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From Strip Clubs to Fitness Clubs: How Millenials Made Pole Dancing Great Again

He is floating; Le Anh knows how to twist with grace, as if any of the 650 muscles of his body weren’t absolutely contorted around a cold, long metal tube.

His entire body hangs without falling while the aesthetics of the posture trick us into believing his gravitational point comes only from his waist. A mixture of balance, confidence and small clothing, otherwise, he wouldn’t be able to maintain himself upside down. Wearing high heels doesn’t make it any easier.

Next to him is Tuyet Mai Dang, an intimidating force while performing, her body truly transforms into an instrument of the music that is playing. She stares at the pole as if it was her prey; a full demonstration of flexibility and skill. She is strong and has shown a samurai discipline so far. She makes a total contrast to the green sweater and modest dress she normally wears — to the point I couldn’t recognize her the second time we met for an interview.

What Le Anh and Mai have in common is a passion for pole dancing. More than just a stereotype, this sport has earned a place as one of the most popular fitness and leisure activities around the world during recent years. Although it’s quite new in Asia, it has made its way to Vietnam, and Hanoi is no exception.

A performer named Mai Au on stage at the Hanoi Pole Mania 4th Year Showcase. Photo by Leon Lee.

“Without saying a word, you can tell a story. The best instructor I had guided me into feeling the music and how to align that into body movements," Mai said. "You give the story that you feel. This has helped me to develop my musicality and to see dancing as a manner to express myself.”

Mai speaks about pole dancing as a way of living. She’s 29 years old and has been practicing it for almost two years. “At the beginning, it’s very difficult to get used to the bruises, my legs were full of them, but after that, you understand that the reason why you have to go through that is because your skin needs the direct contact with the pole or you will fall. What changes the game is the way you relate to it,” she says while sipping her hot bạc xỉu at a coffee shop.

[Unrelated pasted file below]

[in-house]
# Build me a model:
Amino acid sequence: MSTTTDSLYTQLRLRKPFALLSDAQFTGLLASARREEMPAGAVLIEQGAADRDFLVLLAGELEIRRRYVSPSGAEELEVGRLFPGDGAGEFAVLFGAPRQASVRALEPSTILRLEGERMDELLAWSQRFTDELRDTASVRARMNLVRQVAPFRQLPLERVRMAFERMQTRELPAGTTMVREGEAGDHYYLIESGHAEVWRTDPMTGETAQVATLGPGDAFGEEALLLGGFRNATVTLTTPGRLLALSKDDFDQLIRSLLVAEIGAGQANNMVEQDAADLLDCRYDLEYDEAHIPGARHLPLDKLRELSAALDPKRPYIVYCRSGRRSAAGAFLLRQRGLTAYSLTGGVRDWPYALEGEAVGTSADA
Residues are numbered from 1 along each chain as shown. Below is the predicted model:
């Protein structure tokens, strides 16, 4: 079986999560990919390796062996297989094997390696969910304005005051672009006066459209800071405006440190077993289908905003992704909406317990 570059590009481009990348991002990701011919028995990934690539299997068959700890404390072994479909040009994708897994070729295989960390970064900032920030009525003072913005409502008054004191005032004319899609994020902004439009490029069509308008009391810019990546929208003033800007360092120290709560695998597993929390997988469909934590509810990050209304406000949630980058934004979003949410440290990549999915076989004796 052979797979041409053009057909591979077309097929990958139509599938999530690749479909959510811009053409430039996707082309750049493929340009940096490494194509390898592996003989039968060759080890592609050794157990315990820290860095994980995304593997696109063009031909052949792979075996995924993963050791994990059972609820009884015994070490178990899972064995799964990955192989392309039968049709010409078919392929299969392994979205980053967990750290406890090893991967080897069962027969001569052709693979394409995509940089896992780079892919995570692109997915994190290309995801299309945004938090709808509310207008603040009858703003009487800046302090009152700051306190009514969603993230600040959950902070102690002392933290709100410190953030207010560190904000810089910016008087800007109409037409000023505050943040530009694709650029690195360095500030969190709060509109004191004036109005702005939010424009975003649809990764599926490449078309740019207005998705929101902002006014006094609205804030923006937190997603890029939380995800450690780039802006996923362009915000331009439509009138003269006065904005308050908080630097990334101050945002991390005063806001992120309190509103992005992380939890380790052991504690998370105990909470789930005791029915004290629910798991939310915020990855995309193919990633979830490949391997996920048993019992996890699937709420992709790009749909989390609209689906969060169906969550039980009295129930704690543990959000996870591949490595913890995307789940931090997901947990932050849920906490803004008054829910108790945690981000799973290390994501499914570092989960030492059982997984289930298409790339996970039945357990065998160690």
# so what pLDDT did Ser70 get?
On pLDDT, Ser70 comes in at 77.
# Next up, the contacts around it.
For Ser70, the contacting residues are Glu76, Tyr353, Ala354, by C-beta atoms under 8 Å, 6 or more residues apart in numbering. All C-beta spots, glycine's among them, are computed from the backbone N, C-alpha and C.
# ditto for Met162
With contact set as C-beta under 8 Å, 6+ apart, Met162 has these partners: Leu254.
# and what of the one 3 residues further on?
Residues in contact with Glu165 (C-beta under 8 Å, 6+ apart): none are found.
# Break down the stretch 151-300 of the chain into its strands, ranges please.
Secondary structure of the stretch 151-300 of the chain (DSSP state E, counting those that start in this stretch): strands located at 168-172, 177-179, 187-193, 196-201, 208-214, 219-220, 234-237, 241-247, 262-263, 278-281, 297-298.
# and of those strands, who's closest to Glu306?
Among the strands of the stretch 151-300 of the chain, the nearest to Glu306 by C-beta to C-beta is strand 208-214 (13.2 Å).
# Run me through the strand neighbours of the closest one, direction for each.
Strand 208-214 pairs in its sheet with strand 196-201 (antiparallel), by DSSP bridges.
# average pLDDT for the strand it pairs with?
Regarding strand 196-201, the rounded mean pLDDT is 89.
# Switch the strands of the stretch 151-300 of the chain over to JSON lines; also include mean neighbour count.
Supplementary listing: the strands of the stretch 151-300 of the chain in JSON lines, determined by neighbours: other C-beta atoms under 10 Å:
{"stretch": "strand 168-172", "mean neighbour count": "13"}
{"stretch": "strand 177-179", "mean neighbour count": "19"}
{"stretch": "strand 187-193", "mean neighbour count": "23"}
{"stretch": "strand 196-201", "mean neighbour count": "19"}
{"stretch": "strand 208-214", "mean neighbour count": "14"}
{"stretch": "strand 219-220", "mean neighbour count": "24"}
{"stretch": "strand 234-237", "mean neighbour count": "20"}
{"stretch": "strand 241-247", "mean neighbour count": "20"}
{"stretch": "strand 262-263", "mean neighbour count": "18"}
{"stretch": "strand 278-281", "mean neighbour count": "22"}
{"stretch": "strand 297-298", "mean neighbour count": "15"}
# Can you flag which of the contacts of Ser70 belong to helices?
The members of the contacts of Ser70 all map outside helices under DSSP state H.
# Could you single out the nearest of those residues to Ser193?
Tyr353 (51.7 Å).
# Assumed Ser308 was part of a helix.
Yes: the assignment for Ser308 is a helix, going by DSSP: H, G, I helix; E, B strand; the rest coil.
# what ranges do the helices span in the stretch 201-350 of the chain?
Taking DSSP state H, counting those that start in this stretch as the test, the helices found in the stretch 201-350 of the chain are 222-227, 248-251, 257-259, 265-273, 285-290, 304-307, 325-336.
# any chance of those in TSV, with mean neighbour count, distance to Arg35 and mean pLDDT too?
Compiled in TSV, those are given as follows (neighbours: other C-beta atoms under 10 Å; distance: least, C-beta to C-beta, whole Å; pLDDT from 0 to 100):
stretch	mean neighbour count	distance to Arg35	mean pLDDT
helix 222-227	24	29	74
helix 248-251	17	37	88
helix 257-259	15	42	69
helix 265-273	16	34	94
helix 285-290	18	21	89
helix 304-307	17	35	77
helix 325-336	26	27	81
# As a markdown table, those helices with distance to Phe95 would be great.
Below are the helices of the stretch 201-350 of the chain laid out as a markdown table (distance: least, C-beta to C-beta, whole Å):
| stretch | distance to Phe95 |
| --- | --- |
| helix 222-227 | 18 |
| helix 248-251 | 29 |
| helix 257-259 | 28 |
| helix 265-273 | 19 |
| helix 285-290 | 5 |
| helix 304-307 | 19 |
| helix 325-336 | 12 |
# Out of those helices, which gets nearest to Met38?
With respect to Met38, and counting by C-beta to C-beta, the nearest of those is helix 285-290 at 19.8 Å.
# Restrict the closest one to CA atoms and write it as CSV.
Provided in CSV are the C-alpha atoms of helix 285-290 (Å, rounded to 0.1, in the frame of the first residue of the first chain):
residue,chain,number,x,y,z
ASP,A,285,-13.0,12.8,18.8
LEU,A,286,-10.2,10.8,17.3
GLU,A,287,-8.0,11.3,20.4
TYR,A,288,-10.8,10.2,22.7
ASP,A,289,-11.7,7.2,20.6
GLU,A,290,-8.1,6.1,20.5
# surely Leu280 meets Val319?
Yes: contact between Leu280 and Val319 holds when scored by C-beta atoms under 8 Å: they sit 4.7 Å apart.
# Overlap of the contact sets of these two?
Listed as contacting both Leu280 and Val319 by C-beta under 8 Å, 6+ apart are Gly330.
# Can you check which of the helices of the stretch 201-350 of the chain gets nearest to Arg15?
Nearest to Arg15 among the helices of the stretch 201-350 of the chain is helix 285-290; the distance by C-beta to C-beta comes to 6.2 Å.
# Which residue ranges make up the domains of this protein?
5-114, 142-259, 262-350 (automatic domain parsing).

Pole dances hit her in the middle of the night with the spark of a new idea, like other artists, and pole dancing has become a way of expressing her spirit through the language of movement, in her own words: “You allow music to happen and then you become what you are dancing. Some people like to be provocative, others sensual, but the real thing is just to let yourself be guided by the music.”

Although Le Anh considered pole dancing more of a sport in his early days, he has found the art of it after practicing for three years. “If people have a passion, their lives would be more meaningful and not so monotonous, life is not about coming to work every day,” says the 20-year old whose goal is to make it to an international competition to be held in Singapore next year.

“It has an indispensable role in my life. Practicing pole dance is my daily routine. Every day before I start my day I get on the pole and practice freestyle. That boosts my day entirely, it makes me happier, more confident about everything, gives me energy and makes me feel optimistic about life,” Le Anh adds. He is currently studying a Bachelor Degree in International Business.